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Avraham "AY"  Rappaport, CLTC

President, Financial Professional


Yaniv "Jay" Natanov

President, Financial Planner


Eli Rappaport

Vice President, Financial Planner


Shlomo Rosenstein

Financial Professional


Ozzie Marizan

Financial Planner


Joseph Greer

Employee Benefits Administrator


Dylan Pinsky

Client Relations Manager


Premier Financial

6395 Dobbin Road, Suite 102

Columbia, MD 21045


Phone:  240-309-6001




November/December 2022

New IRS Rules for Early Withdrawals

Early Withdrawal is shown on the conceptual photo using the text

Withdrawing money from a retirement account before age 59½ typically comes with a 10% early withdrawal penalty. One way to avoid the penalty is by taking "substanially equal periodic payments" (SEPP). Once payments begin, they must continue for five years or until you reach age 59½, whichever is longer.

The Old Rules
In the past, withdrawals were based on your life expectancy plus a rate of interest that could fluctuate each month. The changing interest rate made budgeting difficult.

The New Rules
In January 2022, the IRS set the base interest rate as any rate that is not more than five percent. The ruling means that individuals who choose to make withdrawals under a SEPP arrangement can make larger withdrawals with more predictable payments.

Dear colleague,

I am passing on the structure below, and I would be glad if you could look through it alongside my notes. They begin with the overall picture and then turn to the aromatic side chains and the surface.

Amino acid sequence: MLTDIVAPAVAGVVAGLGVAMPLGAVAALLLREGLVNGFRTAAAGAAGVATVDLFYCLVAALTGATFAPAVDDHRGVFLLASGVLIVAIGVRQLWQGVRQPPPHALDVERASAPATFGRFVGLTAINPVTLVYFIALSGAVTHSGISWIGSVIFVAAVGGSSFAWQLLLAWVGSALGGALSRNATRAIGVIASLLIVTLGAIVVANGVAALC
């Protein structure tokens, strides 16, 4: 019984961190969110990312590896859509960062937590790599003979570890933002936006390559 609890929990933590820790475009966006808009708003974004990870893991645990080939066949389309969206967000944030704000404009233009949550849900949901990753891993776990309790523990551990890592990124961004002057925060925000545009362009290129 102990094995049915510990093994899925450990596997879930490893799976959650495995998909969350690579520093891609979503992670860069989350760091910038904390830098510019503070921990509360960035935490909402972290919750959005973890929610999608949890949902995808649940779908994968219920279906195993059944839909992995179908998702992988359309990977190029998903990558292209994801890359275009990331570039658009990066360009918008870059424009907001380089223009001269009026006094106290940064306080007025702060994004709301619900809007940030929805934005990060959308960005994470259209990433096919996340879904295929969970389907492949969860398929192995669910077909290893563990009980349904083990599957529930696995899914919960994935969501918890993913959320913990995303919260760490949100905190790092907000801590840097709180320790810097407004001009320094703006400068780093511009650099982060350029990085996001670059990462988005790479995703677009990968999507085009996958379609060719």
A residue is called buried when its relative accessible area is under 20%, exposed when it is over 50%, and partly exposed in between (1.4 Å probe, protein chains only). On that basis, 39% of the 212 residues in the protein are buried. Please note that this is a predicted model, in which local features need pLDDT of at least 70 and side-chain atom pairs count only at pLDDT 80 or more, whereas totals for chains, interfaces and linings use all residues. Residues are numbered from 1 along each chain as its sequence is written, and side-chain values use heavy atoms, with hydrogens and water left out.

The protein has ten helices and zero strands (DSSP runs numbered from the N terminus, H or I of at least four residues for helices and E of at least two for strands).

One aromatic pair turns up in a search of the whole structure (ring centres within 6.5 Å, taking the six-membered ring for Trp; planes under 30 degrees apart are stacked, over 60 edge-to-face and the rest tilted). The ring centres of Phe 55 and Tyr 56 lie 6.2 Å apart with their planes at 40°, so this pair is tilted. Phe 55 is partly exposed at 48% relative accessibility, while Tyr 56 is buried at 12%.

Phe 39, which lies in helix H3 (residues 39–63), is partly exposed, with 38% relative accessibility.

Other Ways to Avoid the Penalty
A SEPP arrangement isn’t the only way to withdraw funds from retirement accounts without incurring the 10% early withdrawal penalty. Depending on your personal circumstances, you can:

  • Withdraw up to $10,000 from a traditional IRA for a first-time home purchase. If you’re married, your spouse can also withdraw $10,000 from his/her own IRA.

  • Take Qualified Education Expense withdrawals from a Roth IRA to pay qualified education expenses for yourself or your dependents.

  • Withdraw money from an IRA to pay unreimbursed medical expenses that exceed 10% of your adjusted gross income.

  • Withdraw funds from an IRA to pay health insurance premiums if you lose your job and collect unemployment benefits for at least 12 weeks.

  • Take an IRA distribution to supplement SSDI benefits for a disability whose severity is confirmed by a physician.

  • Take a 401(k) loan for the lesser of 1) $10,000 or 50% of your vested account balance, whichever is larger, or 2) $50,000.

  • Withdraw money from an inherited IRA before age 59½, but you’ll owe income taxes on the withdrawal.

  • Withdraw contributions — but not earnings — from a Roth IRA.

Ideally, money should remain invested in your retirement accounts until you’re ready to use it in retirement. However, as a last resort, you do have options for making penalty-free early withdrawals if you absolutely need the funds.



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